New Delhi: With the ruling Bharatiya Janata Party (BJP) expanding its social base by giving more representation to the Other Backward Castes (OBCs) groups in the government architecture, its organizational set-up and policy decisions, there are occasional outbursts against the party on social media by upper castes. Many have argued that it might lead to alienation of the upper castes from the BJP which used to form the fulcrum of the party since the Mandir movement. The Sunday Guardian tried to talk to scholars of the Hindutva movement to trace what’s the ground situation and whether upper castes are still with the BJP or there’s a churning or alienation from the party.
“I don’t see the upper castes deserting the BJP anytime soon, the party is their best bet in a cost-benefit analysis because of multiple factors,” Vikas Pathak, a political analyst who had written extensively on the Hindutva movement and the BJP, said. “The upper castes are getting real representation in power, their representation is not going down, in the process which you say Mandalisation of Kamandal, now there’s a symbolic acceptance of Hinduism by the other caste groups who used to challenge it during the Mandal wave of the 1990s and with the rise of BSP. It is like a reconciliatory project. The Mandal movement of 1990s attacked the symbolic status of upper castes, but the Hindutva project of BJP since 2014 is about symbolic acceptance of Hinduism by everyone; therefore, upper castes will remain with the BJP as of now, the relationship between Mandal and kamandal is a give and take relationship. The upper castes are getting their share which was absent during the rule of regional parties and at the same time in this process, lower OBCs are getting larger representation not at the cost of upper castes,” he added.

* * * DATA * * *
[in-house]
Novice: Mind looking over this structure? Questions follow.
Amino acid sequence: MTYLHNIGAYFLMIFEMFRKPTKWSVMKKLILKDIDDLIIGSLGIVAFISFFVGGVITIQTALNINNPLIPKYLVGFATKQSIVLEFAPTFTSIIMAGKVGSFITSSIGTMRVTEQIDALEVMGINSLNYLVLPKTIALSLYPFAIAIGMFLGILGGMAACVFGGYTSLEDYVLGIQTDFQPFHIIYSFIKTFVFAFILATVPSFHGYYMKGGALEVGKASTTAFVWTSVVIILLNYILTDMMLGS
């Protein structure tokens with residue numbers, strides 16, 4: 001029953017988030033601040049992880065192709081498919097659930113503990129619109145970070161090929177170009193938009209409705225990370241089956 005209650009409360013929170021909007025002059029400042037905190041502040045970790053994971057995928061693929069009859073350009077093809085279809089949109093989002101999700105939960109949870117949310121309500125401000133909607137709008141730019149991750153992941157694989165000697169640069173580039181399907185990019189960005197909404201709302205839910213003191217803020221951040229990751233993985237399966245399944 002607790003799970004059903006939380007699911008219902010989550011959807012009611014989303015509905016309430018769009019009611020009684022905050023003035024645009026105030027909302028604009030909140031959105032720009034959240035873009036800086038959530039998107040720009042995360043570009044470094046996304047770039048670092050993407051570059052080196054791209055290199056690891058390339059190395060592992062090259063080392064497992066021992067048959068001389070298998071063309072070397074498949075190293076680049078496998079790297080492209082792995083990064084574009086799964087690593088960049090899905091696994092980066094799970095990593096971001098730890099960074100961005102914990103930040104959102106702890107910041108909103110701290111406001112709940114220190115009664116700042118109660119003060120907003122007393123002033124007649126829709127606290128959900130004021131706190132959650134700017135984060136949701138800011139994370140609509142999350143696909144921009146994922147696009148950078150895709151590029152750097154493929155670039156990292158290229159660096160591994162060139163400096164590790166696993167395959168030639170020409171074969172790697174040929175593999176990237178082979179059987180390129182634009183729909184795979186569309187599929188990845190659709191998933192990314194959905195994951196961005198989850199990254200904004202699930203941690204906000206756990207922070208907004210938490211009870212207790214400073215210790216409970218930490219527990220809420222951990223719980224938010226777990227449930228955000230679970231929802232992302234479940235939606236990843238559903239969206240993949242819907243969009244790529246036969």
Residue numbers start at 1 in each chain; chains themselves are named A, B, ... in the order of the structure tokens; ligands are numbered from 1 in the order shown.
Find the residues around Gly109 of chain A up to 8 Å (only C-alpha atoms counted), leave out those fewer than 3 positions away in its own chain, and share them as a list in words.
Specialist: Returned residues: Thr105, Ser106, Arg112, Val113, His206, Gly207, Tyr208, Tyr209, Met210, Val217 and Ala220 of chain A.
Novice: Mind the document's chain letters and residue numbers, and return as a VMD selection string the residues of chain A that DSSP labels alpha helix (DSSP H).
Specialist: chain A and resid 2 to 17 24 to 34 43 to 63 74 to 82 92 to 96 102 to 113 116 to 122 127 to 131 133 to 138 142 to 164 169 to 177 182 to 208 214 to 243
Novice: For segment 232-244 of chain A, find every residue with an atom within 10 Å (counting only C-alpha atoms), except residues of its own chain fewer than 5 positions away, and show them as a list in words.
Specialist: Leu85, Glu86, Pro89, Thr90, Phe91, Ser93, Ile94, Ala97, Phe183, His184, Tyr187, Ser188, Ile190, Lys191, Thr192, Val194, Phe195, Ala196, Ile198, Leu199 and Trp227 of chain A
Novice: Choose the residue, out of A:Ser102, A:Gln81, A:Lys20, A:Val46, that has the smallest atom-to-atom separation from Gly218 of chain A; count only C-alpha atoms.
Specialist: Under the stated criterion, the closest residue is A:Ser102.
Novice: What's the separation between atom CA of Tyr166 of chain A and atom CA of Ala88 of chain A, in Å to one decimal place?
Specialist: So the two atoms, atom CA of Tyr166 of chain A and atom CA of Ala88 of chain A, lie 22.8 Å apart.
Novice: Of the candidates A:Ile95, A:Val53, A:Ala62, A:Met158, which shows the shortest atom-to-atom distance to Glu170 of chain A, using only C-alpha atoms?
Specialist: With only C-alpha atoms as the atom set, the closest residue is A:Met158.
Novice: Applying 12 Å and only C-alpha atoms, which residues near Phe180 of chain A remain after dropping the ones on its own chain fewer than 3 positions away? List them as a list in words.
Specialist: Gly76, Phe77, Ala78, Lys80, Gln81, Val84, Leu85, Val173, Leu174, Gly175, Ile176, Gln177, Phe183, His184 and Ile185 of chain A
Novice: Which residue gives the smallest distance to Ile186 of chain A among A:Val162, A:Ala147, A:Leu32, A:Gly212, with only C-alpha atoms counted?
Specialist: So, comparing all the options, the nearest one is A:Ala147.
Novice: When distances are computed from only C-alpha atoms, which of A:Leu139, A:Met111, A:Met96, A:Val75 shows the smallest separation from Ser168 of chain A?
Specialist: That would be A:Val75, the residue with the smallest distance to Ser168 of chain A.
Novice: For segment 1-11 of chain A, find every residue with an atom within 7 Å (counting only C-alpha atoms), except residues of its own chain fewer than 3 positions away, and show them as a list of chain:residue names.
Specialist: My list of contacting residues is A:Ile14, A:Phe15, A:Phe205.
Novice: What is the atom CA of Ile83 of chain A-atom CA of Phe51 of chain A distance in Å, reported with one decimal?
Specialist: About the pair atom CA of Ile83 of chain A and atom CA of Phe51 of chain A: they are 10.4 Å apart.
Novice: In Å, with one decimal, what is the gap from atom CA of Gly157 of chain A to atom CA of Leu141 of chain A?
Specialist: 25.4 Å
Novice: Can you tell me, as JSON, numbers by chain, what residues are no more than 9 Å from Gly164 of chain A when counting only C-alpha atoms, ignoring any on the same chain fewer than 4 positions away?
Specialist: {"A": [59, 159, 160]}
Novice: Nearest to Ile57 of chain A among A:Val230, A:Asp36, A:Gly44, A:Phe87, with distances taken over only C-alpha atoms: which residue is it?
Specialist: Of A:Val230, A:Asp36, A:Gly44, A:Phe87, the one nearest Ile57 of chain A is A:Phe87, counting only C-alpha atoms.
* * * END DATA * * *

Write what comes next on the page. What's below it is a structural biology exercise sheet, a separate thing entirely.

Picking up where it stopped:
In the 2019 Lok sabha elections, the BJP filed 88 upper castes candidates out of whom 80 won, interestingly it was the highest representation of upper castes from the cow belt since the 1984 elections. According to the Centre for the Studies of Developing Societies (CSDS) survey, upper castes like Brahmins, Bhumihars and Rajputs voted between 82-89% for the BJP in the 2019 general elections. Realising the importance of upper caste votes and their occasional attack on the BJP, other political parties like Indian National Congress (INC), Samajwadi Party (SP), Janata Dal (United) and the Bahujan Samaj Party (BSP) are trying hard to bring them under their fold in the politically significant states of Uttar Pradesh and Bihar with the Congress focusing on Brahmins, JDU appointing Rajiv Ranjan Singh alias Lalan Singh, as its national president, BSP organizing Brahmins’ meet in the run-up to the Uttar Pradesh Assembly election and Akhilesh Yadav, the supremo of the Samajwadi Party, promising to built Parsuram temples in Uttar Pradesh.
When the Vikas Dubey encounter happened, political parties latched onto it to woo the Brahmin community as it looked for some time that the community was feeling victimised and alienated from the ruling dispensation, in which there was no strong Brahmin leader. Many Brahmins on social media demanded the resignation of Chief Minister Yogi Adityanath, calling him anti-Brahmin. But it all was a temporary outburst. “The Vikas Dubey episode has lost significance with time, the question of representation and symbolic acceptance looms large for the upper castes,” Sumit K Jha from the University of Delhi told The Sunday Guardian. “Since 1989, only under BJP, the upper castes are getting a lion’s share in ticket distribution in the Assembly and parliamentary polls; why would they leave them with the chances of Congress not bright in the cow belt,” he added.